Part two of our review of the covers of the 2008 Hugo nominees, in which we’re not as gushing with our praise as we were yesterday. Part one is here.
A near-future techno-thriller, involving a bank heist within an MMORPG (Massively Multiplayer Online Role Playing Game).
This cover is not particularly bad, but it’s not great, either. While the illustration by Toulouse is eye-catching, it is hardly this illustrator’s best work. I actually like her work a lot, I just don’t think she’s particularly suited for this type of project--check out her agent’s website for some really cool fashion, editorial, and advertising work. Regardless, the illustration used here says very little about the actual premise of the book directly, other than that it’s set in Edinburgh (and that’s only if you’re very familiar with that city’s skyline). The woman depicted in the illustration is wearing some sort of headgear which has a cyberpunk or possibly even slightly steampunk feel to it (note the crest on her ‘headphones’), but it’s vague, and doesn’t come across as one or the other, adding to the ambiguity of the piece. On the other hand, having read the novel (and enjoyed the hell out of it), I do think the artwork somewhat captures the general tone of the novel. It certainly gives one the feeling of a drab world made slightly richer through the use of technology, particularly the layers of information laid over real-world scenes used by the various enforcement agencies depicted in the novel.
The cover sports a spot gloss effect over most of the non-white areas of the layout, giving the illustration and type a nice shine in contrast to the matte-coated white areas. This, along with embossing for the title and author, give the cover a pleasing tactile quality, while reinforcing the concept of information overlays which I mention above.
The typographical treatment is somewhat underwhelming: it’s not very expressive, and there isn’t much variation in size or treatment. The strange capitalization scheme for the title I imagine alludes to the phrase ‘halting state’, which, in programming, refers to a point in an instruction set at which a computing process stops (I am not a programmer, so please correct me if I’m wrong). By placing a capital letter at the end of a word, the designer is making it harder for the reader to ParsE ThE TitlE of ThE BooK in OnE FluiD TakE, thereby forcing the reader into their own kind of halting state. Unfortunately, the typeface is so clean and readable to begin with, and the title so short, that the effect isn’t as marked as it would otherwise be.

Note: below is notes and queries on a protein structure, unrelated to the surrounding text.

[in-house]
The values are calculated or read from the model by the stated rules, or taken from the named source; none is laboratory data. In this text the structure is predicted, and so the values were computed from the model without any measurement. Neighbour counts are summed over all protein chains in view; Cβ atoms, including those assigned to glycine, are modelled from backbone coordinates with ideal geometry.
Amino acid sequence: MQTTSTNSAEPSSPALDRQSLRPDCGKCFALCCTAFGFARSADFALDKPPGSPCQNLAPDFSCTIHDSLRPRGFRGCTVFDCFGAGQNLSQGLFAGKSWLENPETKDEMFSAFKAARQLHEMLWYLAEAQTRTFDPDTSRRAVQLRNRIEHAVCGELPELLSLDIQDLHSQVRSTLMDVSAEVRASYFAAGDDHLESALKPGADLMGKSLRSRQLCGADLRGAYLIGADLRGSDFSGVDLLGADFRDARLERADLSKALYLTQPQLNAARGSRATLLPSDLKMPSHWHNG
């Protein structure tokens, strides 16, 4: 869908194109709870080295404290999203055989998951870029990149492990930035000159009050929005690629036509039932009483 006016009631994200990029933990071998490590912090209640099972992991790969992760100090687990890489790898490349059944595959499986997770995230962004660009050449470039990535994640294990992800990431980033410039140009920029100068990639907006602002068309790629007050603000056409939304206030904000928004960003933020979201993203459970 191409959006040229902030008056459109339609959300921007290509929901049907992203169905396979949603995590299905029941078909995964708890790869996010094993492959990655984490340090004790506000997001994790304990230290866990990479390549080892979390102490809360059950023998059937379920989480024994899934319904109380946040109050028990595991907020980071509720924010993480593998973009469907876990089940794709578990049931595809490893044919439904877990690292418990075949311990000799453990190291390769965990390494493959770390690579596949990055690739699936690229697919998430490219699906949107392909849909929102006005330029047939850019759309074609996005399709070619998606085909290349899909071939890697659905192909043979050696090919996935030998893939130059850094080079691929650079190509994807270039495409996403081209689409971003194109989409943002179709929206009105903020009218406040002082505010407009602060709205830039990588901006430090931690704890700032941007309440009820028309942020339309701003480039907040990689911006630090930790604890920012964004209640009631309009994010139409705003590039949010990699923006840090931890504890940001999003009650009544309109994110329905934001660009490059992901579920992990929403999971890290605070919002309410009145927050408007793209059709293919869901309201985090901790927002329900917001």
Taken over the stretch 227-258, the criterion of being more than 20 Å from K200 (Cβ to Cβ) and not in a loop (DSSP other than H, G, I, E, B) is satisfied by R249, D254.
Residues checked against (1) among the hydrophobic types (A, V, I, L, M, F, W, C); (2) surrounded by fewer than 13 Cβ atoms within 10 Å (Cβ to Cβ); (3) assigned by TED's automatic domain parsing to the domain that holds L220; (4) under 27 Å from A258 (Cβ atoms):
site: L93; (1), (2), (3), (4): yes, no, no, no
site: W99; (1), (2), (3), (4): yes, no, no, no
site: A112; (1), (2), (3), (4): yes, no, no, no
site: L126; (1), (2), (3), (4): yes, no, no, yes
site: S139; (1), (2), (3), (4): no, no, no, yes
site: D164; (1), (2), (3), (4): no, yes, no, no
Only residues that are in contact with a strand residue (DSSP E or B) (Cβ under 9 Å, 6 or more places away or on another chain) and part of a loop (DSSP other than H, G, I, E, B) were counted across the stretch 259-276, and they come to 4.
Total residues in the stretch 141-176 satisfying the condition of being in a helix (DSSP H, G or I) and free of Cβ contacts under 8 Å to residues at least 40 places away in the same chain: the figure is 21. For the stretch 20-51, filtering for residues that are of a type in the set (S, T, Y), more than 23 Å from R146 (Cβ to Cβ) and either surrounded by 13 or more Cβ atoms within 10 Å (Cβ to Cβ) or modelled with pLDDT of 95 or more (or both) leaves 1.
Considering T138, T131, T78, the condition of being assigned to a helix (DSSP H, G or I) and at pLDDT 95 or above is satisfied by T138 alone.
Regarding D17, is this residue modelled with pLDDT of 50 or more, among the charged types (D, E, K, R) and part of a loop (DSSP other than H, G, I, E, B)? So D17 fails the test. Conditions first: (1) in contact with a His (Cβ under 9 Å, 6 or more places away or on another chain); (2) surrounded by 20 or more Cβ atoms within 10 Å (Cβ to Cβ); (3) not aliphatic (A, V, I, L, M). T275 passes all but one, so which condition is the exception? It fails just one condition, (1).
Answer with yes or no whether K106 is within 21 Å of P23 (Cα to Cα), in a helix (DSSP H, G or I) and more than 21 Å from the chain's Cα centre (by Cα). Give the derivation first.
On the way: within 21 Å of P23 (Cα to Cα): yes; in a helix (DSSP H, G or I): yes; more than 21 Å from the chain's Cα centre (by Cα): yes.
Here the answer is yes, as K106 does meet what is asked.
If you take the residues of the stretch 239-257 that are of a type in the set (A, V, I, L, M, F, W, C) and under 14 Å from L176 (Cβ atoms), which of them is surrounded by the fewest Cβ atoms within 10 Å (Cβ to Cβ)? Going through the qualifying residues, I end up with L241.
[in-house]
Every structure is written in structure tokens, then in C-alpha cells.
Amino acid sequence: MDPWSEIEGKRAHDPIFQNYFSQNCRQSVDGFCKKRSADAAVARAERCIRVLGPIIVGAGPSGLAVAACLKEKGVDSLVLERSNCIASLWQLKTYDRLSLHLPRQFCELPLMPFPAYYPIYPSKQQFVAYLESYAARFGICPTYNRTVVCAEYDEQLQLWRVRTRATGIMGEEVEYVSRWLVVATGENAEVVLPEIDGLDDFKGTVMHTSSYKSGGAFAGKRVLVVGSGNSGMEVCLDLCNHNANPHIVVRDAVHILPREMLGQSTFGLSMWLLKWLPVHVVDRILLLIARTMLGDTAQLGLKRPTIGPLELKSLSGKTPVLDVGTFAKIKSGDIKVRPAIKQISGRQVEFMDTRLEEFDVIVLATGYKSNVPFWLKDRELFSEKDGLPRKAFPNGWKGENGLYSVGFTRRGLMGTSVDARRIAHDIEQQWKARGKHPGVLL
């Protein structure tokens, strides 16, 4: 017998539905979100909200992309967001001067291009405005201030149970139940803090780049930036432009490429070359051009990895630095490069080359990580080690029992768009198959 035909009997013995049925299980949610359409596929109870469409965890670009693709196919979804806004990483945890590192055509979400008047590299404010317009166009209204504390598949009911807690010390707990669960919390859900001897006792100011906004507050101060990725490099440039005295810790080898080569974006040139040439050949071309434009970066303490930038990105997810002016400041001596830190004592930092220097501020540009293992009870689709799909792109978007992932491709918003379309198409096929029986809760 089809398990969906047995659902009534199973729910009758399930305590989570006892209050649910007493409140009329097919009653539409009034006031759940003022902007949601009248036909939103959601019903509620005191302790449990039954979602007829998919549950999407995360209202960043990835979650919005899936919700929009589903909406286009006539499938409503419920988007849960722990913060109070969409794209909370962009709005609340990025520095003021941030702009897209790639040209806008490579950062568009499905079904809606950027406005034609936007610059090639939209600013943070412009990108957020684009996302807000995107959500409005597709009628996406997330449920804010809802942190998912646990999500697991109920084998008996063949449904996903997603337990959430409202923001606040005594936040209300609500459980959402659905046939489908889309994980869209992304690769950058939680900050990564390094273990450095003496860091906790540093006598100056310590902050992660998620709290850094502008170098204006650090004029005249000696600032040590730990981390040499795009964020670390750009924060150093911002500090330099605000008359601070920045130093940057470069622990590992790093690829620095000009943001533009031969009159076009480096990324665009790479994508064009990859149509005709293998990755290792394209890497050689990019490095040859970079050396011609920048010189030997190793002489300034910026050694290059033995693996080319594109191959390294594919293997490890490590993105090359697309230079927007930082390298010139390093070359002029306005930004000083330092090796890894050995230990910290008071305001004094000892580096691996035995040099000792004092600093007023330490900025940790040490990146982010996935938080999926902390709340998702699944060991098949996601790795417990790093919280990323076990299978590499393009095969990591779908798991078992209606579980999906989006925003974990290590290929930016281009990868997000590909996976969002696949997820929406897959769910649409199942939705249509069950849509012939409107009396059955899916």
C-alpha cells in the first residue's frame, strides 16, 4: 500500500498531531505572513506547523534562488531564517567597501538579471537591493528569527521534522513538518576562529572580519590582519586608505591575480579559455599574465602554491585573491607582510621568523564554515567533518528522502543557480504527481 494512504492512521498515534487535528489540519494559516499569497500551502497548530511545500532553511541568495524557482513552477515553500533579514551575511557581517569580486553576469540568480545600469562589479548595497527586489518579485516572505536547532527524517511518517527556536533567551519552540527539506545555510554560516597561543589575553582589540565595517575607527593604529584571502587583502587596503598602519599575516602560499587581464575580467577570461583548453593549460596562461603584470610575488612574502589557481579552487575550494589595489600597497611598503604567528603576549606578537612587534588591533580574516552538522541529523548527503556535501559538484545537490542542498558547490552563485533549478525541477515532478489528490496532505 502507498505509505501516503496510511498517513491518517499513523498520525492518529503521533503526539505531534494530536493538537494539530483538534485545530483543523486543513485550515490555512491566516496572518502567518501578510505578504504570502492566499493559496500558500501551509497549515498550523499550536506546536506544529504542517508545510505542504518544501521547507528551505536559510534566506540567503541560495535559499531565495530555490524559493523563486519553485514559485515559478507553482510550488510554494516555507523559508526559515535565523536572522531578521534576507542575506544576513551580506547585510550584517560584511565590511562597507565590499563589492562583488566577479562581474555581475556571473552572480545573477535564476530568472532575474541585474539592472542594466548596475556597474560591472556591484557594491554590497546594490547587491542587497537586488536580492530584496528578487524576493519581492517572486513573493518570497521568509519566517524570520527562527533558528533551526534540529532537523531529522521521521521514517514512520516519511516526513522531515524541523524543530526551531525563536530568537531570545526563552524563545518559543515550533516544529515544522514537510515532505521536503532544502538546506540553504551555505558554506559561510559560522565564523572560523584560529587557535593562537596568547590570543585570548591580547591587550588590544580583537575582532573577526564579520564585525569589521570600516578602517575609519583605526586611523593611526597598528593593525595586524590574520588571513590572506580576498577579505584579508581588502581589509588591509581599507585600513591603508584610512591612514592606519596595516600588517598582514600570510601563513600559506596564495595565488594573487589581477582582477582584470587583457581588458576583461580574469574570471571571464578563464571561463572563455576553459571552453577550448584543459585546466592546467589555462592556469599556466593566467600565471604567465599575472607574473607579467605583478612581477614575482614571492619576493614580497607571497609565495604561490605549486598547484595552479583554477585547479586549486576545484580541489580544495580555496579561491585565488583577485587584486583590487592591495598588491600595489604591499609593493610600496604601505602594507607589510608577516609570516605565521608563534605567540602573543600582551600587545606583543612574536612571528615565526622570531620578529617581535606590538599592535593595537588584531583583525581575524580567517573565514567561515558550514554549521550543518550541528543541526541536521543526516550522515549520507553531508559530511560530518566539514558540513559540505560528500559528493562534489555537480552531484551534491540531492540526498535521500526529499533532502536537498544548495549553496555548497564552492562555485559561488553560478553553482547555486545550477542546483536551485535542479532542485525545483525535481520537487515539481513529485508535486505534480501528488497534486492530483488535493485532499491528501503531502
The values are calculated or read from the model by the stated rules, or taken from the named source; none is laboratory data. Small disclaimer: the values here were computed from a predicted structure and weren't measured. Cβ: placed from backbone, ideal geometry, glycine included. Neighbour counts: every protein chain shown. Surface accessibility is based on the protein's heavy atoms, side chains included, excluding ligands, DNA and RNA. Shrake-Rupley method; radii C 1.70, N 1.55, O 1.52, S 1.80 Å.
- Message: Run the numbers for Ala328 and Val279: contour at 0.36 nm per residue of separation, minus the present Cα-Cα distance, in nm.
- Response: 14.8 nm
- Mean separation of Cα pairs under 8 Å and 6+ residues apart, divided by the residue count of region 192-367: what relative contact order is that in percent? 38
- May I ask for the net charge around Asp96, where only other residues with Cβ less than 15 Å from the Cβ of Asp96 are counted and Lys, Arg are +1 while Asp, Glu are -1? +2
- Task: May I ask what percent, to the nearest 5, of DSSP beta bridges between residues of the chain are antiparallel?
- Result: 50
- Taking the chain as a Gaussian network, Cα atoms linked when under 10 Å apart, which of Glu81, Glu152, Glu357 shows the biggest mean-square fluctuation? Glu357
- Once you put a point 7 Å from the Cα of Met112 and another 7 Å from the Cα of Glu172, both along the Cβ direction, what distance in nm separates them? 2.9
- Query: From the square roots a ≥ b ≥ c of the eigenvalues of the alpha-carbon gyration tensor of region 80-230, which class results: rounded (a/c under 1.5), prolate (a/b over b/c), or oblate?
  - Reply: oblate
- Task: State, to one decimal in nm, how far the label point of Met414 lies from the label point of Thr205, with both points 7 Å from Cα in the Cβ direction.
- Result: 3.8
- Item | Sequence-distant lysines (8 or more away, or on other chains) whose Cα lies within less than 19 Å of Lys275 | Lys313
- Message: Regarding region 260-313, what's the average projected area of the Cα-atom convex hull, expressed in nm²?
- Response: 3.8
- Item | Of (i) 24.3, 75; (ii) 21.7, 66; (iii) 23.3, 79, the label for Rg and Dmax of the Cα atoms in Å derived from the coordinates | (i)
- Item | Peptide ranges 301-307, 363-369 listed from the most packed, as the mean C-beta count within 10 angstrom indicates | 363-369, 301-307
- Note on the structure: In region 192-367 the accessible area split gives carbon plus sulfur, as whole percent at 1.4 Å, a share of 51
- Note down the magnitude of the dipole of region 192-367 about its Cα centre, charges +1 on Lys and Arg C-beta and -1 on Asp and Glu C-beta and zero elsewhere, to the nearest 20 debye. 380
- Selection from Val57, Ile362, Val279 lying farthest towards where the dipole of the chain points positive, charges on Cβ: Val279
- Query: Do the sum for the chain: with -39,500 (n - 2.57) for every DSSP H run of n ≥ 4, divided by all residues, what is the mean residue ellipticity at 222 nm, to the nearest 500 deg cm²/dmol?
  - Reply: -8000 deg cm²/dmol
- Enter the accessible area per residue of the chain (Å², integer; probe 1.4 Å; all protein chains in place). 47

Also unfortunate is the large block of text for the cover blurbs. While cover blurbs are very important, and certainly drive sales, I think this is a case of overkill. The overall cover design would have been better served by keeping one blurb on the front (perhaps the Gibson), and leaving space for a more aggressive and interesting title treatment, instead of having a big block of text that is by far the densest element of the layout, and tends to weigh the whole composition down.
This U.K. version by Orbit is the complete polar opposite of the U.S. cover in some ways. While this approach nails the contents of the novel (theft and murder within the context of a video game), its whimsical approach is hardly appropriate for the tone of the book. It feels more like a modern-day comedy, or a light-hearted adventure, than a near future techno-thriller.
Once again, thanks to Jamie Stafford-Hill for additional material.